Taking out a home loan is a big financial decision, probably one of the biggest you’ll make in your lifetime. This is why you need to consider fixed and variable rates before you sign any contract.
Why? Well both home loan types can have a positive or negative impact on your financial circumstances, where over time your choice can either cost or save you a lot of money and stress. Let’s look at the facts in greater detail to understand how this works.
The Australian Economy
At present, the Australian economy is sitting idle. It’s not struggling and it’s not booming. But after the Global Financial Crisis (GFC) one fact that we’ve all become highly aware of is that the Reserve Bank of Australia (RBA), which once dictated to the rise and fall of home loan interest rates, no longer dictates to lender rates.
The big four banks, Commonwealth Bank of Australia (CBA), National Australia Bank (NAB), Westpac and ANZ have proven this countless times by not passing on the full amount of a RBA rate cut to consumers. This, of course, has angered many home loan holders who’ve felt hard done by.
To Fix or Not to Fix Your Home Loan
However, CBA, NAB and Westpac recently dropped their 5-fixed rate home loan to 4.99 percent, and the ANZ to 5.49 percent. These are the lowest fixed rate loans ever witnessed. So locking in one of these rates now could be a smart financial move, especially when it’s predicted that rates could rise in 2015 sometime.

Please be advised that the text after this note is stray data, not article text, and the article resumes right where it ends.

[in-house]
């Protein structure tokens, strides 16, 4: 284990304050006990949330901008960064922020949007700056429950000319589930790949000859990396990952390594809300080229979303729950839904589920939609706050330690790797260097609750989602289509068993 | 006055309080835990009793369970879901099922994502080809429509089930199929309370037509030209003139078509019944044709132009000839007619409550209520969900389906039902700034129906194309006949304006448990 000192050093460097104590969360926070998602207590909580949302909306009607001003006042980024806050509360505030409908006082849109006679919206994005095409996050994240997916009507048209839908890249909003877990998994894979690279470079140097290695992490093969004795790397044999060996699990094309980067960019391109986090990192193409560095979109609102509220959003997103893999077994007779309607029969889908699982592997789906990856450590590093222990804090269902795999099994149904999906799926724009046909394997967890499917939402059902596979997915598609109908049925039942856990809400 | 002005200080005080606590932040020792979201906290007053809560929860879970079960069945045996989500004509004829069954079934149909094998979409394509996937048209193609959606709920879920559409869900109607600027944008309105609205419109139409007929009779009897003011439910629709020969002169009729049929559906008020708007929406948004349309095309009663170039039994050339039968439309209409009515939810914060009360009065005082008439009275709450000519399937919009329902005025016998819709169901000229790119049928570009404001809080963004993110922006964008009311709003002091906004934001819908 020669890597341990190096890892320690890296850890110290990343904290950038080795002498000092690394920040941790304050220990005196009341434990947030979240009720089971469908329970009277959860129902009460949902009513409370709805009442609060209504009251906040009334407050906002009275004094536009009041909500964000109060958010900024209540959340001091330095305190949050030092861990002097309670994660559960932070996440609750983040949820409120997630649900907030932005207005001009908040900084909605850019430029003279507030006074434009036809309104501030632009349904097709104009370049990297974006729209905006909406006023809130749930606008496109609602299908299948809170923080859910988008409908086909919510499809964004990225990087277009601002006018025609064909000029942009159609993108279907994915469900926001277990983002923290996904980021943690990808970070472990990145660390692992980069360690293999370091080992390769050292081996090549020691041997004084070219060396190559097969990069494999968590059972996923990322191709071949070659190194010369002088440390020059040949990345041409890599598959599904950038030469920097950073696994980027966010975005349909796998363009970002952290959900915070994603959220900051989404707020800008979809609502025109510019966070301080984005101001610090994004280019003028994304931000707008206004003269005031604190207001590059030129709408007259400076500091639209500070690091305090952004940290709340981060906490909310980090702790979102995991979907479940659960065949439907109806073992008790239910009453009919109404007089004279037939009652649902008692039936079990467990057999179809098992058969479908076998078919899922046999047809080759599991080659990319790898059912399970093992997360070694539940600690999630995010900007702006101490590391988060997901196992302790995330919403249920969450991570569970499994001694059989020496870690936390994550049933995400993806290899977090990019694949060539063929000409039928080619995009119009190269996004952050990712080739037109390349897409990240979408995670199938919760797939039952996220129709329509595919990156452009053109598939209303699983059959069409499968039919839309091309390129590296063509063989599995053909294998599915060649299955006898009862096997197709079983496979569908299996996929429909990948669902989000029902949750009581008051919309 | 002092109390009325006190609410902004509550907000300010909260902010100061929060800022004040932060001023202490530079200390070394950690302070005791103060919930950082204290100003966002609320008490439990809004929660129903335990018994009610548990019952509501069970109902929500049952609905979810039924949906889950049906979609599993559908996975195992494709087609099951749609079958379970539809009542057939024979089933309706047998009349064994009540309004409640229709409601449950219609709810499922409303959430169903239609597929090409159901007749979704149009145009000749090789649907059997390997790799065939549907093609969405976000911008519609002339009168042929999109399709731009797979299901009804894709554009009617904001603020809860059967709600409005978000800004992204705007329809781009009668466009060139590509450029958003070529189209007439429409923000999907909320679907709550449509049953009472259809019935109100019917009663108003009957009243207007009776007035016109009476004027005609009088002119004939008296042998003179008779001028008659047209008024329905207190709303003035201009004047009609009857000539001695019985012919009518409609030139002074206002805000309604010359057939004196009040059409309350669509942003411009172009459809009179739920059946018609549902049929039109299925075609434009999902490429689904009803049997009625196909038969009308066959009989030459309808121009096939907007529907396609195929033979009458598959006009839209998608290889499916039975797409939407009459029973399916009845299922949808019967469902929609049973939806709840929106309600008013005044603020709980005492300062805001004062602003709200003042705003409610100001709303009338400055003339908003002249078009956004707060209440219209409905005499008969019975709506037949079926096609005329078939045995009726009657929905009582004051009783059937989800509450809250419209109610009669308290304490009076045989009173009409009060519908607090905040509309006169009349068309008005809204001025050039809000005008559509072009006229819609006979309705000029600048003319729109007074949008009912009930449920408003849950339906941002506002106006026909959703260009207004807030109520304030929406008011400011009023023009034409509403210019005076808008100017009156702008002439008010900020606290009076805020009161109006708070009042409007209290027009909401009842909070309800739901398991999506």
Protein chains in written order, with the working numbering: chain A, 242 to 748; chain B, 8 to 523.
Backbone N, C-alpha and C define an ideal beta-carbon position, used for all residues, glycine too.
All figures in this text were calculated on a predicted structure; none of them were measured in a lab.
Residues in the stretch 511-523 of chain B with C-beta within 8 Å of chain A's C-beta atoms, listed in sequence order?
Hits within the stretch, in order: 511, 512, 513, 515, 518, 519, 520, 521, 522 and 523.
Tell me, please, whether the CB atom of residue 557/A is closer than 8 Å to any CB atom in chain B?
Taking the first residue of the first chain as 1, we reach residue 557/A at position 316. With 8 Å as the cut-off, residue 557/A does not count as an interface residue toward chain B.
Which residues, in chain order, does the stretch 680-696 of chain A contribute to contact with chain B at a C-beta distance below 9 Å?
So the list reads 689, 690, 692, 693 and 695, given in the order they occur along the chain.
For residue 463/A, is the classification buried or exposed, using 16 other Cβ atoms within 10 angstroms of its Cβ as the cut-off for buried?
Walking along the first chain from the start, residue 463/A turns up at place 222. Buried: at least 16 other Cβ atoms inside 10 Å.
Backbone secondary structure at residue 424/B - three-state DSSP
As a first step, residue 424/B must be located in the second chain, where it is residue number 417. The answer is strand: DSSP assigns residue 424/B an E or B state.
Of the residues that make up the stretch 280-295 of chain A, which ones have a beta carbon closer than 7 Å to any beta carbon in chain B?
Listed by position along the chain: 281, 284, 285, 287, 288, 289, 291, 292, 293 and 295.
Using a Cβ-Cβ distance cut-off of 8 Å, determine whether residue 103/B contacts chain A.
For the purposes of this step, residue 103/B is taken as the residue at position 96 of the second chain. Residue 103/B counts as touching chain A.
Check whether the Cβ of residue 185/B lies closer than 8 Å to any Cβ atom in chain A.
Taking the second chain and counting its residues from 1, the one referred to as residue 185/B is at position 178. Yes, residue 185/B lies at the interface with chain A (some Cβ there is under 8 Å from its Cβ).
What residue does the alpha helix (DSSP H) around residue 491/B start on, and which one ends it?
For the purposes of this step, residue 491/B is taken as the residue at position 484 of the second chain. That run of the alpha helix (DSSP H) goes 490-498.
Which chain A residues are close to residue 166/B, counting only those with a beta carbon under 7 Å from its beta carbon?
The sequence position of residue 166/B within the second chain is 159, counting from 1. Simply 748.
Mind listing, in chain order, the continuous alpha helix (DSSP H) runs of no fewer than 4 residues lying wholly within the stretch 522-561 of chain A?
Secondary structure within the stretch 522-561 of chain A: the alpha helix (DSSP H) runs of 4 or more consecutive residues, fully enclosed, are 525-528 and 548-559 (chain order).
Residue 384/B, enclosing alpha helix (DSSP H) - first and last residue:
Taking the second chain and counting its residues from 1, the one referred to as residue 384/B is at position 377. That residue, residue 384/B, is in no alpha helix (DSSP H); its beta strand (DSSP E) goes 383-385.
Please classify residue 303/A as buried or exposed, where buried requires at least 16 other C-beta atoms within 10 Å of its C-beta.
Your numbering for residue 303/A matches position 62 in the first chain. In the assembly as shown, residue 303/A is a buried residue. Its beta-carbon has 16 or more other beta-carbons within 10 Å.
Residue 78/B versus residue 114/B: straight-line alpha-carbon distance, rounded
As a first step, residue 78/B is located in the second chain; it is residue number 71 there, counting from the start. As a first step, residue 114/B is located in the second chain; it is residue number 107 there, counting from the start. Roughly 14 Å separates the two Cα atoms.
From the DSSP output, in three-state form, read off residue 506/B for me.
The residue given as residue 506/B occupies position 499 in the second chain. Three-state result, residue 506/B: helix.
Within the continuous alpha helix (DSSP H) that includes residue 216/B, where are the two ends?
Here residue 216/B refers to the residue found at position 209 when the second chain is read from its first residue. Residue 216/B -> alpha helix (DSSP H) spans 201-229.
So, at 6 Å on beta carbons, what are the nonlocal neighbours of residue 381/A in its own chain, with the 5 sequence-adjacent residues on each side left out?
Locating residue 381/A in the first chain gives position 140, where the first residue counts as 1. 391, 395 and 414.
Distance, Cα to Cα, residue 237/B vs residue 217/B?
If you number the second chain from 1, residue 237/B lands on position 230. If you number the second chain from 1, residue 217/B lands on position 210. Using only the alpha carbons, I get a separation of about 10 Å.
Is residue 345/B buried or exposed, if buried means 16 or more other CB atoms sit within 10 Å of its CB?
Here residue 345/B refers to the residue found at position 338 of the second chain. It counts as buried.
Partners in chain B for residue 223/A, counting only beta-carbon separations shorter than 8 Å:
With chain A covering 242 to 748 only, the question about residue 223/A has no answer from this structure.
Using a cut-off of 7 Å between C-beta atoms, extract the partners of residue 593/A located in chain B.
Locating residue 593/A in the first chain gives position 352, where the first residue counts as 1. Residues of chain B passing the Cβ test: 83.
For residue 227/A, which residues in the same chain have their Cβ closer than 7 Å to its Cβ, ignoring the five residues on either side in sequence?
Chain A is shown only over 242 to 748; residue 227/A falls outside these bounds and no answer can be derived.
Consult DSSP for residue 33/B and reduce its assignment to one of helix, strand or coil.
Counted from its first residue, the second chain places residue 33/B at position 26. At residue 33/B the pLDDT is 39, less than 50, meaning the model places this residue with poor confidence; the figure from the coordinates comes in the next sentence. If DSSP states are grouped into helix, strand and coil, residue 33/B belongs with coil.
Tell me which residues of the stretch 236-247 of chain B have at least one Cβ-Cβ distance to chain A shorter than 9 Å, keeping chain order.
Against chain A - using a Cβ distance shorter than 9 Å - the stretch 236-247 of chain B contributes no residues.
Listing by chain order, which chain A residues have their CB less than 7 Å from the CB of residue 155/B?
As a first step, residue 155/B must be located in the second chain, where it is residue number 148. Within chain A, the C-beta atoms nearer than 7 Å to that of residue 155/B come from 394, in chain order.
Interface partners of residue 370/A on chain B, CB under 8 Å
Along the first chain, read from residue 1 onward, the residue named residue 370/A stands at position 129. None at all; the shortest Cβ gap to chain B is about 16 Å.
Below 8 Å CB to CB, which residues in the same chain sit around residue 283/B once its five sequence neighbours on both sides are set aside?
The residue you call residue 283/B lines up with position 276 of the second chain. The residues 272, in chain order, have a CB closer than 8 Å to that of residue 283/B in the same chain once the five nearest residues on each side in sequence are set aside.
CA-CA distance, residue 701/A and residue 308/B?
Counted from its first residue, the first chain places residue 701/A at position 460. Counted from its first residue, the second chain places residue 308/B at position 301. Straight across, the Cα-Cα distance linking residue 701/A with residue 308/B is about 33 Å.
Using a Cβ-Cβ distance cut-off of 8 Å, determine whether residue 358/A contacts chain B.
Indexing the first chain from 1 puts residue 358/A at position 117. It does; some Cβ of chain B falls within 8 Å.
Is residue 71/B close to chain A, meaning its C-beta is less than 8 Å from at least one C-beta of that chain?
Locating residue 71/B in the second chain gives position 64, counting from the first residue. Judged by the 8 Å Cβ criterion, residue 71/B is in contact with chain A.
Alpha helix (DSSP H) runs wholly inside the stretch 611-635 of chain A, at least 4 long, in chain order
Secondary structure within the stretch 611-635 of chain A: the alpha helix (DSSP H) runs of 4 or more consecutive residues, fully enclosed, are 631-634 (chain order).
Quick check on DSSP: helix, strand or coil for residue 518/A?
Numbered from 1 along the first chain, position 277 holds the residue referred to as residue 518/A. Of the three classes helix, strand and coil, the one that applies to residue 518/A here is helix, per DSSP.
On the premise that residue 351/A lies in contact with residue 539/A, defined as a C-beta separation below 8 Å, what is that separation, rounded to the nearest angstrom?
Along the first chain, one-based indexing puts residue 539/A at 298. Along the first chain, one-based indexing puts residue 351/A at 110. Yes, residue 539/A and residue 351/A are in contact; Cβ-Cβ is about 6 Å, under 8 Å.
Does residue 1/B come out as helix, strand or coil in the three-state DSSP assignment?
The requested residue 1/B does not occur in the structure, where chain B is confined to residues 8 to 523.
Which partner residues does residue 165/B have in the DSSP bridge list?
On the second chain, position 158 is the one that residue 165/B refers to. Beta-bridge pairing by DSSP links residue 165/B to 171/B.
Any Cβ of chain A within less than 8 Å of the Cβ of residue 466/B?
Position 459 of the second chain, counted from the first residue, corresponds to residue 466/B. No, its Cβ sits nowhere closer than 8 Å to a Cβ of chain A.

Fixing your home loan, at these rates, can save you money over the term of the fixed period. For instance, a 5-year fixed rate of 4.99 on a $300,000 mortgage can save you approximately $50.00 a month, when compared to current variable rates. Over the term of the loan this is a $3060 saving. But, if the variable rates rise, then you could save yourself considerably more.
But, while you’ll have rate certainty for 5-years you’re taking a risk. For instance:
If rates fall, you’ll be paying more than you have to.
If your personal or financial circumstances change and you need to sell your home, then you may have to pay break fees, which can add thousands to the cost of your home loan.
You cannot pay more off your home loan if it’s fixed. Well, not without incurring a penalty fee.
You may be subjected to ‘rate shock’. This occurs when your fixed rate term ends and you’re subjected to the variable market rate, where, in some cases, your home loan rate jumps significantly. Some home loan holders then struggle to find the extra money needed for their home loan repayment when their rate changes.
So before you make a decision about your rate type, you need to consider your own circumstances now and well into the future. Calculate the costs and possible savings you could make, then decide based on the facts.
Do you want to know more about fixed rate home loans? Then contact eChoice and find the right home loan for you.
Written by eChoice